Volume 3, Issue 1, (Originally Published on Monday 4 March 2013)
Dean Edwards, 26, today unveils the first issue of De Minimis for 2013, his first as Editor.
Edwards, who worked as a writer for De Minimis in 2012 and has worked in newspapers at a school, university and professional level, was elected to the position by De Minimis staff in October of last year. He replaces Emma Shortt, 25, the inaugural editor of the revived student newspaper, who has returned to Canada having completed her JD in just two years.
Shortt worked tirelessly from late in 2011 to establish a community newspaper for the Melbourne Law School. The original De Minimis ran as a weekly publication in various forms from 1948 − 1976. In the first edition of the newspaper last year, Shortt outlined her purpose as being ‘to inform students of the goings-on at the Melbourne Law School, including weekly events, perhaps a gossip column, ... study tips, ... and opinion pieces on anything and everything’.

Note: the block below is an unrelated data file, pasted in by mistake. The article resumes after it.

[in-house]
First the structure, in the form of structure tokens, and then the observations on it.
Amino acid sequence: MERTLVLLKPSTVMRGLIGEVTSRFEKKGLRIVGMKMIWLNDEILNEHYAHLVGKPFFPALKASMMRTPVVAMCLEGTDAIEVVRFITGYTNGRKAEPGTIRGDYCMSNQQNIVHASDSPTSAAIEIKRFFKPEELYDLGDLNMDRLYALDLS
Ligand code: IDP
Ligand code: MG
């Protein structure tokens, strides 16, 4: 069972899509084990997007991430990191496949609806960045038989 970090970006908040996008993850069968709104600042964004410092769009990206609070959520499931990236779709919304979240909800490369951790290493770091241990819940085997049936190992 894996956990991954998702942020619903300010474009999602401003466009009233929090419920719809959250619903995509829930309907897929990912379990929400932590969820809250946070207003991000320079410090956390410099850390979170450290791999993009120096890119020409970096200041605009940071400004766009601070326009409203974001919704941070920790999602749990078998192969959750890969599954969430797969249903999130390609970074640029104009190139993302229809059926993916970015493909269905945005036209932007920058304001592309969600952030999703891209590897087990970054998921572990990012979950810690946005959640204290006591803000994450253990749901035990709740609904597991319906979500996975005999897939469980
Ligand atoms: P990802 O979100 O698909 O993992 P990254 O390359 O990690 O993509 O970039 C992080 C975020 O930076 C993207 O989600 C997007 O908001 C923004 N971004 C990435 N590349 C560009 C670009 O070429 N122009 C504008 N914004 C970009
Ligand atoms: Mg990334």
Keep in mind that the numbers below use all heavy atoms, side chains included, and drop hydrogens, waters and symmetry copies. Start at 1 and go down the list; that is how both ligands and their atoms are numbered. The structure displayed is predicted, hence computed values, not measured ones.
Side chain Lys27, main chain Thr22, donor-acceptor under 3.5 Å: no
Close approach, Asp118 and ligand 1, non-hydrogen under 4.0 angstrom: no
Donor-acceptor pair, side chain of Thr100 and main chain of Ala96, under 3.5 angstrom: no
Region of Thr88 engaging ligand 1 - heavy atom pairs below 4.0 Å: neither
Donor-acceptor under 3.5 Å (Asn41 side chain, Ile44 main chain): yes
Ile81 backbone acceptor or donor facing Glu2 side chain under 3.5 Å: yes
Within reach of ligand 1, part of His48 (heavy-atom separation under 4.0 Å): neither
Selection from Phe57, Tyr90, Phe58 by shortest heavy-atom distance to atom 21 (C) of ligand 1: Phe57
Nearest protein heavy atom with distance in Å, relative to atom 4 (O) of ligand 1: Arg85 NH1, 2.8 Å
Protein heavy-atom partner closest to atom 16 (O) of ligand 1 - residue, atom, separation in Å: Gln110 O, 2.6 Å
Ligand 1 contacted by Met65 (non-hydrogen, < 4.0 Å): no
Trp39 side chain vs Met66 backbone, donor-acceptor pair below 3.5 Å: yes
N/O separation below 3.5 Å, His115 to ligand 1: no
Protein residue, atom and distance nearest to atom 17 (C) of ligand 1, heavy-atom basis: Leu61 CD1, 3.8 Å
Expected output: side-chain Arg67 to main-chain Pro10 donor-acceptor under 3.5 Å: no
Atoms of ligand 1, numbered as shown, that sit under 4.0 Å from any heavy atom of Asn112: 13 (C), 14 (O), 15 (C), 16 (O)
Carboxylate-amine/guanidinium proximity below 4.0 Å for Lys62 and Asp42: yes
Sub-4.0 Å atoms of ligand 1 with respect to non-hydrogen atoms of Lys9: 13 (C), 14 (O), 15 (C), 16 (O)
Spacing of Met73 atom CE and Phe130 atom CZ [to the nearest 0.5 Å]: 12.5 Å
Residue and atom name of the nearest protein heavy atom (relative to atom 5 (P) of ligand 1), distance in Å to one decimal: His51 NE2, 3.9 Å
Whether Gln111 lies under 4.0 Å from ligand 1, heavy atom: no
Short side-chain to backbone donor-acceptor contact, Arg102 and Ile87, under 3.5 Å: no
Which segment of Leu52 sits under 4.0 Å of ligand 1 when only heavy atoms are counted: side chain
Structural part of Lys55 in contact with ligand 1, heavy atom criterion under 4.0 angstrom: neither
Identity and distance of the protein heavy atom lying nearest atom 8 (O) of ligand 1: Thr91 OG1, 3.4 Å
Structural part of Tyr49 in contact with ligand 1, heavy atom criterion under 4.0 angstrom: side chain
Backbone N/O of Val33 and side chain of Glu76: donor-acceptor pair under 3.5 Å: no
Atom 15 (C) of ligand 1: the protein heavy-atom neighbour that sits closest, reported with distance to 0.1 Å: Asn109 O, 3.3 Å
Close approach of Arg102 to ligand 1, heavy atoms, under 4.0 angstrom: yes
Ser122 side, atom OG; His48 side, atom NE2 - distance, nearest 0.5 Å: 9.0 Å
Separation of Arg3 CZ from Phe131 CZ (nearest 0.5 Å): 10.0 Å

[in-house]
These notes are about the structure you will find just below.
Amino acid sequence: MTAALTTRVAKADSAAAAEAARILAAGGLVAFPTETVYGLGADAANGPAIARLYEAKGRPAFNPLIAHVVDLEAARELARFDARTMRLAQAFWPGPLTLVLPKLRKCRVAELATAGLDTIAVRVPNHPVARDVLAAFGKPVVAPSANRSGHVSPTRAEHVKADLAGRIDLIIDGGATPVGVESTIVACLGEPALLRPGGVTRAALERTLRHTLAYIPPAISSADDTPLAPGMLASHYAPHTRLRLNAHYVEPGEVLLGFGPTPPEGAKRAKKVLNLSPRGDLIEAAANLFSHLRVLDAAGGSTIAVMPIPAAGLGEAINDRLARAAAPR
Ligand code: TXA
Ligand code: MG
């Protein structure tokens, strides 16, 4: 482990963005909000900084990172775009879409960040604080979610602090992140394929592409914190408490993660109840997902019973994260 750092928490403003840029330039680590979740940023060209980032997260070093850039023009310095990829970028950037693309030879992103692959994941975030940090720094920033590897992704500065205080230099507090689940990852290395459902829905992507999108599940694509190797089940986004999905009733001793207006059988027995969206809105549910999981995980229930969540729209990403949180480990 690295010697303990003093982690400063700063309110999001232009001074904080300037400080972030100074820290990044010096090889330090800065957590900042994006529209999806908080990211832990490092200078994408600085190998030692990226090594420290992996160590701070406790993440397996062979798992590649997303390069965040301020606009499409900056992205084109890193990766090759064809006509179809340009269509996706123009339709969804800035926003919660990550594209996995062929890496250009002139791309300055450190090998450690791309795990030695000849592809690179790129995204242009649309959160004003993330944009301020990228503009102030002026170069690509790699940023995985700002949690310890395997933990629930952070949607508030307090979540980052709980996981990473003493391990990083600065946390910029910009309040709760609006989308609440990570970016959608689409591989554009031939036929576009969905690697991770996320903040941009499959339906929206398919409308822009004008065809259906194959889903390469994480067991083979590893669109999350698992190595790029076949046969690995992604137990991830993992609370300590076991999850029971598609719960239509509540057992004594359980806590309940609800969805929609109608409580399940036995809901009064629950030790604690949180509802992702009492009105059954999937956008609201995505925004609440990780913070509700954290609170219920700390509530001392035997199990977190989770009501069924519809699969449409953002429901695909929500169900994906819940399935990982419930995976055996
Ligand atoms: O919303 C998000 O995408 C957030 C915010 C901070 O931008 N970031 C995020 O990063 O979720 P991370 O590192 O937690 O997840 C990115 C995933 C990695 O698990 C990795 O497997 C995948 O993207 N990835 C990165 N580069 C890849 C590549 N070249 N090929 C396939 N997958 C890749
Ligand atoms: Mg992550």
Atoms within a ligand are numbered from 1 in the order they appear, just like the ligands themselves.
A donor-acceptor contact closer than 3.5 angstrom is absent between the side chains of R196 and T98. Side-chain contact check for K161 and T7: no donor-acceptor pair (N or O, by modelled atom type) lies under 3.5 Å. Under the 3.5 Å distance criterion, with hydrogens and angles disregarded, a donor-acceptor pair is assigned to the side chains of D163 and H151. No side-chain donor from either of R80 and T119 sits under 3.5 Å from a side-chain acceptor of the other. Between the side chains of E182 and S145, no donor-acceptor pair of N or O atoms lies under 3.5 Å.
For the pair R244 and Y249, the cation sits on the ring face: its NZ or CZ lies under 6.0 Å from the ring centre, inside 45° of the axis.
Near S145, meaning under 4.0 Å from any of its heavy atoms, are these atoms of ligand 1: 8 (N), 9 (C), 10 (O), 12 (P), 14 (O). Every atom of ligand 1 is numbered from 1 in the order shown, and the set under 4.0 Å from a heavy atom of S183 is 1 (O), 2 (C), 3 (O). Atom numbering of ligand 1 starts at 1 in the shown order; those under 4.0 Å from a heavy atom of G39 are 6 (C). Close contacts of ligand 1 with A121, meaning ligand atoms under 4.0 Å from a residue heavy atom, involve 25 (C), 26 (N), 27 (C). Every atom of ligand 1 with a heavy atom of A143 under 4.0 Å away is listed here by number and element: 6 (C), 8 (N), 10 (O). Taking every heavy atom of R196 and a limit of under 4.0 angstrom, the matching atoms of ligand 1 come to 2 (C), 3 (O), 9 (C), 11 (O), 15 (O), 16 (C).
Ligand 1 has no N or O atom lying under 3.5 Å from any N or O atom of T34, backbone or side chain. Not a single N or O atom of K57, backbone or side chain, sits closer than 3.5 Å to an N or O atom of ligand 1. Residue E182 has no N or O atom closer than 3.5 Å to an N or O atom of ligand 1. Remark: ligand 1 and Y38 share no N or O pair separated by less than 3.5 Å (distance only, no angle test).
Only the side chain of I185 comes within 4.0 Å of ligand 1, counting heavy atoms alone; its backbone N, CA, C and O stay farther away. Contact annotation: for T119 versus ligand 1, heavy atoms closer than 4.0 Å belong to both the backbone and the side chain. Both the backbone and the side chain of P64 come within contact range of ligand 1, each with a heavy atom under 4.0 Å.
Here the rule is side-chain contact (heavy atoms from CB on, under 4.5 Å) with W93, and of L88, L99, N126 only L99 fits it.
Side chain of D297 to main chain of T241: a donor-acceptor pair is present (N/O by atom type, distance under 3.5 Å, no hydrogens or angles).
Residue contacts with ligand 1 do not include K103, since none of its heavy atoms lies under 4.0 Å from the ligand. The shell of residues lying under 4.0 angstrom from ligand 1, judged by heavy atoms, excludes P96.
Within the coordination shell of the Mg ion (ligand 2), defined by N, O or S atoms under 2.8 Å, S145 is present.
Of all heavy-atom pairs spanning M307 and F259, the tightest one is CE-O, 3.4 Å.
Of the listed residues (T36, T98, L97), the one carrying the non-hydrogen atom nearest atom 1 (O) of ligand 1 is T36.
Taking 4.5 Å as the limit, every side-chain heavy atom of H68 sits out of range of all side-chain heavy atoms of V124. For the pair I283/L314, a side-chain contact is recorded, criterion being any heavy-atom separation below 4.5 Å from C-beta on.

Asked this week about her experiences editing the paper last year, Shortt described the interest and support from fellow students as ‘amazing’, but warned the 2013 team to be aware of deadlines for assignments, which made putting a volunteer newspaper together very difficult. She congratulated Edwards on his appointment, saying that she hoped his ‘experience in publishing can give the paper a stronger direction and maturity’.
Edwards wrote for De Minimis throughout 2012, including interviews with faculty members and spotlights on key events at the law school. He credits Shortt not just for her initiative but also her hard work managing the newspaper. ‘We at De Minimis are indebted to Emma’s vision and hard work’, he said.
He described his goals for 2013 as to continue the task begun last year, to get more people involved, and ‘produce better, edgier content that our readers will love’.
Retiring staff writer Bronwen Ewens said Shortt was ‘the ideal editor’, giving writers free rein, support and understanding, and obtaining generous funding from the Graduate Students Association. Columnist Charles Hopkins, 23, who is also stepping back from the newspaper this year to give other students opportunities, praised Shortt’s courage in pursuing the newspaper’s revival, and her selflessness in assembling a team and allowing them to contribute their own ideas and voices.